High capacity and low latency connectivity are the new standards for connectivity. Many IoT devices and new applications such as Augmented and Virtual Reality require this performance. To fully meet these demands there is currently a shortage of license-exempt spectrum, however spectrum can be made abundant if used efficiently.

To enable more dynamic spectrum access, synergies across the industry are being formed to implement new dynamic spectrum sharing technologies and regulations which can provide further unlicensed access to spectrum. Dynamic spectrum sharing methods and technologies help to make more efficient use of spectrum by sharing its resources more widely. With more unlicensed spectrum available to be shared, more people, devices, industries and sectors can access greater connectivity throughput to enable the world’s full potential for economic growth and innovation.

The DSA’s mission is to advocate for effective spectrum sharing technologies which enables the co-ordination of dynamic spectrum access. So far, the innovation of regulatory frameworks adopted by regulators across the world have enabled spectrum bands to be shared with users whilst also protecting incumbent operations.

For example, TV whitespace (TVWS) frameworks have been crucial to connect the unconnected and also increase spectrum capacity for IoT and broadband use cases. Those who have adopted the framework have enabled cost effective broadband deployment and long-range coverage in rural areas. TVWS also provides good building penetration that is critically important for IoT and smart city applications.

To also support high quality connectivity to 5G services, access to mid-band spectrum is vital to ensure high-throughput and low latency connectivity is delivered. The Citizens Broadband Radio Service (CBRS) in the US ensures intensive use of the mid-band spectrum through shared access that protects incumbent services. Earlier this year, CBRS was commercially deployed in the US for the first time using an innovative light-weight database to facilitate dynamic sharing in a 3-tiered framework.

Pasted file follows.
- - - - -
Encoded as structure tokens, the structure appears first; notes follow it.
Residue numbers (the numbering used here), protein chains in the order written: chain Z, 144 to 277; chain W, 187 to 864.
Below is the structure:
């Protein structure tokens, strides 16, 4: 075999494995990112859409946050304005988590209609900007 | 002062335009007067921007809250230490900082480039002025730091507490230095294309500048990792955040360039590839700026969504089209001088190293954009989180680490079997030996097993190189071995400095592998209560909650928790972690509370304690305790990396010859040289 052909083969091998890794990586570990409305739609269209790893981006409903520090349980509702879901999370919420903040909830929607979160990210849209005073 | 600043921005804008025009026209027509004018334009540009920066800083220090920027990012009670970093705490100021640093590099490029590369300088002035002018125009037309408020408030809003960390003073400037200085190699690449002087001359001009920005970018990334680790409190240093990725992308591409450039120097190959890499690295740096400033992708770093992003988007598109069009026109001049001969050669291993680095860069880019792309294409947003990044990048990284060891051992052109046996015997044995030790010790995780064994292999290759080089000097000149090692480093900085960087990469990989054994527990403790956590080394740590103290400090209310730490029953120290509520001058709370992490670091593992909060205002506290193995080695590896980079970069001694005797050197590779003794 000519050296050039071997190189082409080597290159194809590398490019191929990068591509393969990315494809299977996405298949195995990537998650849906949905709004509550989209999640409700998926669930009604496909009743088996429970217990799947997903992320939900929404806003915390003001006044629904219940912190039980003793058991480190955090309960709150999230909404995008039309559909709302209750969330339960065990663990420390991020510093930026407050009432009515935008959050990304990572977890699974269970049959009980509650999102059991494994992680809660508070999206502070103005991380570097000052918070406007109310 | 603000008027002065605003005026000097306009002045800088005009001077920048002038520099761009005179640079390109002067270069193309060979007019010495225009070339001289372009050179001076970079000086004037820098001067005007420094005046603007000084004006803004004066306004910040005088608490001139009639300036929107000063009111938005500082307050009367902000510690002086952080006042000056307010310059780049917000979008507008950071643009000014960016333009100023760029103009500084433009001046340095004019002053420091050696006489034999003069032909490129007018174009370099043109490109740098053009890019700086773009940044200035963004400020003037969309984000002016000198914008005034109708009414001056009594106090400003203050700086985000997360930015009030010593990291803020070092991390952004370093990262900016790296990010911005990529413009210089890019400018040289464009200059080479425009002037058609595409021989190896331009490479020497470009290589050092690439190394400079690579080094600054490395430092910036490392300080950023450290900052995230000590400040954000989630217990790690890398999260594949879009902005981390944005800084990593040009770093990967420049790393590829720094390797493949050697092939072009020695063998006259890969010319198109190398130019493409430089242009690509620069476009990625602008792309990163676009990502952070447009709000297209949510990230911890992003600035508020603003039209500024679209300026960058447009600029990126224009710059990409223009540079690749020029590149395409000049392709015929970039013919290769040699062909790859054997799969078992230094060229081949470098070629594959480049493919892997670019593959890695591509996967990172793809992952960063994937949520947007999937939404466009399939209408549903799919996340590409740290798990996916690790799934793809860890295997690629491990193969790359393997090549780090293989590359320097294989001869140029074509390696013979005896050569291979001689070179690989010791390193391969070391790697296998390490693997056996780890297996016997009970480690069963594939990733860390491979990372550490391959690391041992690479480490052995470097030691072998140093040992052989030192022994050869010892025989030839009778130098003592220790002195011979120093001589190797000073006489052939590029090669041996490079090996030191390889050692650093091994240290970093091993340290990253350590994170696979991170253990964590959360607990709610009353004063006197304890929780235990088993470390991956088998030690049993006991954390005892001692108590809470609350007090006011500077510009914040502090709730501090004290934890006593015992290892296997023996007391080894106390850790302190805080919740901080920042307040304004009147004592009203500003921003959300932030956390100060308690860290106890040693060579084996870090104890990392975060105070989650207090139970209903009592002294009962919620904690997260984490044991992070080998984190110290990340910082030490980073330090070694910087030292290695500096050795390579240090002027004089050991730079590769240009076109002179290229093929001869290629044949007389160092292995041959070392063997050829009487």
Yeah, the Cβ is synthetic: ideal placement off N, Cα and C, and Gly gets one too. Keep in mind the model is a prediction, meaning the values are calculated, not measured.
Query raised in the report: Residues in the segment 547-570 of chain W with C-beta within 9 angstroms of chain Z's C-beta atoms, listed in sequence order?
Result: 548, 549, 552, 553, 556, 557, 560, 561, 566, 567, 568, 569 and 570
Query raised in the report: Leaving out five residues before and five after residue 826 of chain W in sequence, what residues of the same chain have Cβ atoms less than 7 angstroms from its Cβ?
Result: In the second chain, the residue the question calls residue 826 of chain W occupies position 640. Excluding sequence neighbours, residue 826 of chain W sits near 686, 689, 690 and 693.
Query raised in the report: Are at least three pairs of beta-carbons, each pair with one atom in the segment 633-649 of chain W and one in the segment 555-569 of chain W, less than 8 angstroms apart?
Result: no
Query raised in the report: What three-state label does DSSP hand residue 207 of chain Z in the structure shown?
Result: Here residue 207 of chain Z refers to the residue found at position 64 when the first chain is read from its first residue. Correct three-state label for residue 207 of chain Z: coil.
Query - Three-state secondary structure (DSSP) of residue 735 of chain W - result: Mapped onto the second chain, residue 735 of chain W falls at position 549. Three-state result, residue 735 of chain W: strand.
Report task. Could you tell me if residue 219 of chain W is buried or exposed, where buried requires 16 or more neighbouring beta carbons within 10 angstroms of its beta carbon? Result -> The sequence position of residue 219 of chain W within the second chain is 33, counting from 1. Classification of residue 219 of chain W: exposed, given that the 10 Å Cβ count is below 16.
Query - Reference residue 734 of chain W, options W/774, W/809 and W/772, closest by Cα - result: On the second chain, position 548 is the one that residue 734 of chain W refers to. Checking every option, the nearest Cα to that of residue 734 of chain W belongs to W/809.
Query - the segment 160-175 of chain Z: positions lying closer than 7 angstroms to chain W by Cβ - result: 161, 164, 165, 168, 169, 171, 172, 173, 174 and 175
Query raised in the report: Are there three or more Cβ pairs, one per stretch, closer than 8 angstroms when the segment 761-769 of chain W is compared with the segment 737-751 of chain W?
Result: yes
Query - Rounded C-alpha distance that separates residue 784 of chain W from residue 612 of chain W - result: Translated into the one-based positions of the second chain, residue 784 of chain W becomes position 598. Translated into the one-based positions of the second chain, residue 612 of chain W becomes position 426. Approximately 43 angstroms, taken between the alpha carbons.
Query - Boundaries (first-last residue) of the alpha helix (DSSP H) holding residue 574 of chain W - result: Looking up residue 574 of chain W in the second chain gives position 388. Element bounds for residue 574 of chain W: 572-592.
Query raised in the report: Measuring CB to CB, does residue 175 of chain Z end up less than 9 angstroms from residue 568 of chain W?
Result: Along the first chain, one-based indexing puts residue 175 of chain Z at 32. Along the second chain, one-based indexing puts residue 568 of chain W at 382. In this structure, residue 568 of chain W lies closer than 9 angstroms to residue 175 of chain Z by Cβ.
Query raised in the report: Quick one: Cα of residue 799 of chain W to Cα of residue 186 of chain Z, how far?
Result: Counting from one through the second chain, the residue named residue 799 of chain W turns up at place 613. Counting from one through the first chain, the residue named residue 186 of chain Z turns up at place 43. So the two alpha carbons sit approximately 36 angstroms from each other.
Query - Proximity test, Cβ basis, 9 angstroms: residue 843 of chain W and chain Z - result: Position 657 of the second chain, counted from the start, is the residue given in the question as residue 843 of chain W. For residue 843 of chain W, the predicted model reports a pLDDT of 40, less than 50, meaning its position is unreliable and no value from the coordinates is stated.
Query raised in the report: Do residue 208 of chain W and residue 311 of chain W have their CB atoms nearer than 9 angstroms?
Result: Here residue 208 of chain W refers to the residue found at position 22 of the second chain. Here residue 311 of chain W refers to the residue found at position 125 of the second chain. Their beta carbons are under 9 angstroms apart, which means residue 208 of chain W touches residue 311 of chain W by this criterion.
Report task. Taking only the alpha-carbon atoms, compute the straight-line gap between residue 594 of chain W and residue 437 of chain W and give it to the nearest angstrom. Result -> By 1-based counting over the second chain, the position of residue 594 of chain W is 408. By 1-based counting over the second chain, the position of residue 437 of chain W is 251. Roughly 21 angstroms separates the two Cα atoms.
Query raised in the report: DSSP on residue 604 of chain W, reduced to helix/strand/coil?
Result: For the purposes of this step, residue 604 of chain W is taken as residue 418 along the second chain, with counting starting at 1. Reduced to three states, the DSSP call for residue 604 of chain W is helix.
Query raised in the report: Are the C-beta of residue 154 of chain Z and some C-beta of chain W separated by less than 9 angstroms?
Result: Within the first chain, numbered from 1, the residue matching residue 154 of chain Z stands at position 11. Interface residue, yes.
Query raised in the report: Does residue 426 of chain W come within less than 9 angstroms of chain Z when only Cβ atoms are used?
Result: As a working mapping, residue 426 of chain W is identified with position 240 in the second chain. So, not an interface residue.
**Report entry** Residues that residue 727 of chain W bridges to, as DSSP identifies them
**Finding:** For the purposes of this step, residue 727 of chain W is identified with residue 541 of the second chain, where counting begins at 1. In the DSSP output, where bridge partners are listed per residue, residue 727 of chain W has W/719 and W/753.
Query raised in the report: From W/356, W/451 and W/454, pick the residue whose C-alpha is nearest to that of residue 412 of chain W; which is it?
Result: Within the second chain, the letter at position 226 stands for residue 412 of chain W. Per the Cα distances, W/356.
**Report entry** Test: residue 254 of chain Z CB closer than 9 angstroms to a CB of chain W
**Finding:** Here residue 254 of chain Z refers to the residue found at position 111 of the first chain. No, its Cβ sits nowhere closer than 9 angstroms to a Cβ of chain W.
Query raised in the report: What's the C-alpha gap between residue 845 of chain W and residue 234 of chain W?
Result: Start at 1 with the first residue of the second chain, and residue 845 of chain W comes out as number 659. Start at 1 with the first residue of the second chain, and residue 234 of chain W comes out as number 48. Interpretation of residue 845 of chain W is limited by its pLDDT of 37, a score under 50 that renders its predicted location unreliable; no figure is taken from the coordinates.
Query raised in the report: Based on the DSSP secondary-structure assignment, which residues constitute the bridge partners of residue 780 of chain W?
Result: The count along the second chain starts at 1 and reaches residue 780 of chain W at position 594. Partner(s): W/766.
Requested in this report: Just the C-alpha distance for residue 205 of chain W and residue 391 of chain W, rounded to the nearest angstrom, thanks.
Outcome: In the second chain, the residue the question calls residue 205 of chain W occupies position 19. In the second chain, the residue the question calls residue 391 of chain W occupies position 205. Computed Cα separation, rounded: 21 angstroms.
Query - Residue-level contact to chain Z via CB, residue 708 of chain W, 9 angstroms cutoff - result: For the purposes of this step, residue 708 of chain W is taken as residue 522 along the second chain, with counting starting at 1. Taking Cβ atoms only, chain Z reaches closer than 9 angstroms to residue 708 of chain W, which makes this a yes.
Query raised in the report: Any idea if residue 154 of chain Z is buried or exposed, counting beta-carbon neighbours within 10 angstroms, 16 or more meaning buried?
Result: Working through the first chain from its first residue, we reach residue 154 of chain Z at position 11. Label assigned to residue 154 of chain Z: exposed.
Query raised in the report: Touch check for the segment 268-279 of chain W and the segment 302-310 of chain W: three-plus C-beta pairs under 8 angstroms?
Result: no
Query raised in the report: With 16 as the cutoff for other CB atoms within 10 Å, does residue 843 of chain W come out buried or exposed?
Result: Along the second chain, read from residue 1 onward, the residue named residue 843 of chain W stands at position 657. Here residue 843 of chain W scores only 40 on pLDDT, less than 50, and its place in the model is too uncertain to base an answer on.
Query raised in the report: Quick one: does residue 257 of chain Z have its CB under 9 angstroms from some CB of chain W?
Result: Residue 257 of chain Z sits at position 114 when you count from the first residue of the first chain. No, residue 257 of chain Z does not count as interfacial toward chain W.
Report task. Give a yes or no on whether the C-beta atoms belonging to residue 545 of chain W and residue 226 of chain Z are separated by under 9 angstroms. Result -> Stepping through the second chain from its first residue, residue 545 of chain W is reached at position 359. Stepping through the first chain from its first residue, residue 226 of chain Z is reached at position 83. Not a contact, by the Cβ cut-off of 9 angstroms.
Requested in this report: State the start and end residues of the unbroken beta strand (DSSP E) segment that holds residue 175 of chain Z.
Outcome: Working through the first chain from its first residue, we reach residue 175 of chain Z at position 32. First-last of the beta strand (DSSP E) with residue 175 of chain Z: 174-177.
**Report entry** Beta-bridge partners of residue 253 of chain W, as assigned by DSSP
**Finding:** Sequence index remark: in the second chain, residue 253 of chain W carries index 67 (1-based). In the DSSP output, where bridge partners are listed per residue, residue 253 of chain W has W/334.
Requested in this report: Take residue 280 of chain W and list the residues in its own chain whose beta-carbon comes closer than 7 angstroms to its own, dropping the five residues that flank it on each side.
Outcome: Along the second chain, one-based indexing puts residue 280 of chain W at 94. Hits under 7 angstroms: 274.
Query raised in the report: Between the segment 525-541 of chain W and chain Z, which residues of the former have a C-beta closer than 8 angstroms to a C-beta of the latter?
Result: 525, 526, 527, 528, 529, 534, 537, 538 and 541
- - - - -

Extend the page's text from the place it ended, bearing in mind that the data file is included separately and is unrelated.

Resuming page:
Currently there is also adoption of shared spectrum in the 6 GHz band to also deliver high capacity connectivity to meet the increasing demand for Wi-Fi services that require larger channel bandwidths. Management of the band with technological frameworks can protect incumbent services while allowing greater access to Wi-Fi. Furthermore, it is important for regulators to include in their broadband strategies a trade-off between licensed and unlicensed spectrum, both are important and required for a successful 5G transition. The Federal Communications Commission aims to make use of the entire 6 GHz band and proposes to use a framework to provide license-exempt access to 1200 MHz of Spectrum which will transform entire sectors and new 5G applications.

All of these success stories for spectrum sharing has involved effective collaboration between regulators, innovators and the wider industry to adopt flexible frameworks which make more efficient use of spectrum. The DSA is committed to continuing to advocate for this action to be made to enable more people to benefit from an inclusive and thriving digital economy.

To hear more about this topic in Spanish, listen to the full TeleSemana webinar with DSA President, Martha Suarez, which explores the full opportunities, challenges and potential of global spectrum sharing technologies: https://bit.ly/2RfV8s3